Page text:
Bonjour à tous, or shall we say 大家好 !
It has been a busy week for privacy in Asia. Certainly enough to keep us on our toes and prepare for this news digest.
To start on a high note, it is remarkable the Hong Kong Monetary Authority remains publicly cautious on the use of artificial intelligence in Hong Kong’s banking system. Concerns about bias when using AI are not new, which is a major pain point when companies and governments decide to use it. Using facial recognition to unlock a phone is one thing — "systematic" financial prejudices due to a poor machine learning dataset is a whole new layer of a surreal nightmare. Hopefully, most governments are aware of this risk and are spinning into controlling new technology use, most likely in a bet to restore public trust in said technologies.
This cautionary approach seems to be shared by the Chinese province of Zhejiang’s government, where a draft regulation on how public institutions should collect, use and share personal information during emergencies, e.g., the pandemic, is being discussed. While the text would apply to future incidents, current concerns on the trove of personal information being collected are a driving factor in this conversation. What happens to that data once it is not needed? What happens if the data was stolen or misused?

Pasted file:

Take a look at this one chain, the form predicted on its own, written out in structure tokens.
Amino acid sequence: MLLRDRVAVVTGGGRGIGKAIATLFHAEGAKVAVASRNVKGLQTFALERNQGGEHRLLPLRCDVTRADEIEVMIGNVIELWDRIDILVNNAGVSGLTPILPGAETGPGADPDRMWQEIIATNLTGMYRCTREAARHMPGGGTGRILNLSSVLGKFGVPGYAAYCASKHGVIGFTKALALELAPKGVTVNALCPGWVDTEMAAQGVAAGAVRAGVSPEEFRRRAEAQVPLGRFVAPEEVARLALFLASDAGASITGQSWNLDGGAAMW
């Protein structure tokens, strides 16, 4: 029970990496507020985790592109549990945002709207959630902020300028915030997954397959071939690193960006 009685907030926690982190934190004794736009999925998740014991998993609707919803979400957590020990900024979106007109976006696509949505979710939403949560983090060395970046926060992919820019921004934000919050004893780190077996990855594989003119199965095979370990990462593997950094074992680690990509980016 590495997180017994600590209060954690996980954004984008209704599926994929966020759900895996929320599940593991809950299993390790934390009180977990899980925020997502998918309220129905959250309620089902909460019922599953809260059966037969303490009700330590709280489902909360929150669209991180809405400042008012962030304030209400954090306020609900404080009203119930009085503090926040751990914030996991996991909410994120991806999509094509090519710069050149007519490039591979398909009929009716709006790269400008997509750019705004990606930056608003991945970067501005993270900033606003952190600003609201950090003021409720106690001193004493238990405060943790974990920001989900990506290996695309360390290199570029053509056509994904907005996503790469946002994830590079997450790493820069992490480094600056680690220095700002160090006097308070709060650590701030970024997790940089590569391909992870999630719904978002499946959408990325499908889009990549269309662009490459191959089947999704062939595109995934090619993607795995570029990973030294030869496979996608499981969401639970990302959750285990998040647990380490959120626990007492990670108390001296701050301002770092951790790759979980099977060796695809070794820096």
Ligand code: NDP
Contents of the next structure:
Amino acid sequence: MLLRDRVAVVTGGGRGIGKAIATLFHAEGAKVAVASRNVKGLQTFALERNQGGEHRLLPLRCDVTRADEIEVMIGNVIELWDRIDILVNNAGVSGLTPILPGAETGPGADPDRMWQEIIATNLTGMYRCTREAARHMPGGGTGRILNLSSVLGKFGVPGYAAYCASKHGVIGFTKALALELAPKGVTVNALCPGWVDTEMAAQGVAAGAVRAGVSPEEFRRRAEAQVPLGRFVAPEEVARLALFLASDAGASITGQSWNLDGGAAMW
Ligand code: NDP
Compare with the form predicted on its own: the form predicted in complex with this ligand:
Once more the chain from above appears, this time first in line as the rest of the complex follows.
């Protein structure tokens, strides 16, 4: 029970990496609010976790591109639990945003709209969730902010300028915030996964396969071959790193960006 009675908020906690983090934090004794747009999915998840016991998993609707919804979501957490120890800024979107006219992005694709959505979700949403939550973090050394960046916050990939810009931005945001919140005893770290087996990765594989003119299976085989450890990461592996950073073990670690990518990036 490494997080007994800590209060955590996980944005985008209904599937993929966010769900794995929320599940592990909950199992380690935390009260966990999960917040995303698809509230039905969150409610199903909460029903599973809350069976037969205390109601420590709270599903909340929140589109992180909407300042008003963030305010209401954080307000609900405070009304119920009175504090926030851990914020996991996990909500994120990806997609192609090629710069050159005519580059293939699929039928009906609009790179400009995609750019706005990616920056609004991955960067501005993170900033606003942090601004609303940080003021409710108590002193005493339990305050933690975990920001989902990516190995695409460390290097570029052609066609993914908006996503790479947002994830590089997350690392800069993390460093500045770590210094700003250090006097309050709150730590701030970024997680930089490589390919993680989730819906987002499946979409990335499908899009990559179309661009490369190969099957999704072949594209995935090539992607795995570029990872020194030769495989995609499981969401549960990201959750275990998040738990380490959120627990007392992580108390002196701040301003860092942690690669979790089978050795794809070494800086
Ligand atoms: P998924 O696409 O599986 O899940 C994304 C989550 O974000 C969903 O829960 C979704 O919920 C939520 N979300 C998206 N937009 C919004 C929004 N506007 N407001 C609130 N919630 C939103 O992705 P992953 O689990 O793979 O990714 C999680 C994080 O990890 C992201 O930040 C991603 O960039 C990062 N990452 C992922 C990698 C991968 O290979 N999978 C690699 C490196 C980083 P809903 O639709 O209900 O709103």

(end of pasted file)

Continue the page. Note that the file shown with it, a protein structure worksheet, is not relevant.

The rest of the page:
But it is time to be cautious: Keep an eye on the Chinese Standing Committee meeting between 17 and 20 Aug. The Personal Information Protection Law is on the schedule. That’s right, the draft is up for discussion again. This time, with a twist: It is likely the last discussion session and the draft has a high probability of being passed as is. For organizations dealing with personal information processing in China, it means getting the local team geared up to prepare for a marathon of compliance before the law is enforced.
Speaking of enforcement, the Office of the Australian Information Commissioner launched an investigation into Optus under the Privacy Act 1988 and China’s ongoing campaign against mobile applications abusing personal information. This time China publicly warned 14 app service providers against over-collecting personal information.
Finally, if you have a vested interest in the Japanese Act on the Protection of Personal Information but want to get the text in English, I have good news for you. The Japanese Personal Information Protection Commission released an English version of its amended APPI. Now is the perfect occasion to delve into the text firsthand alongside your favorite seasonal beverage.
Wishing you a good reading of the digest and a good day ahead!
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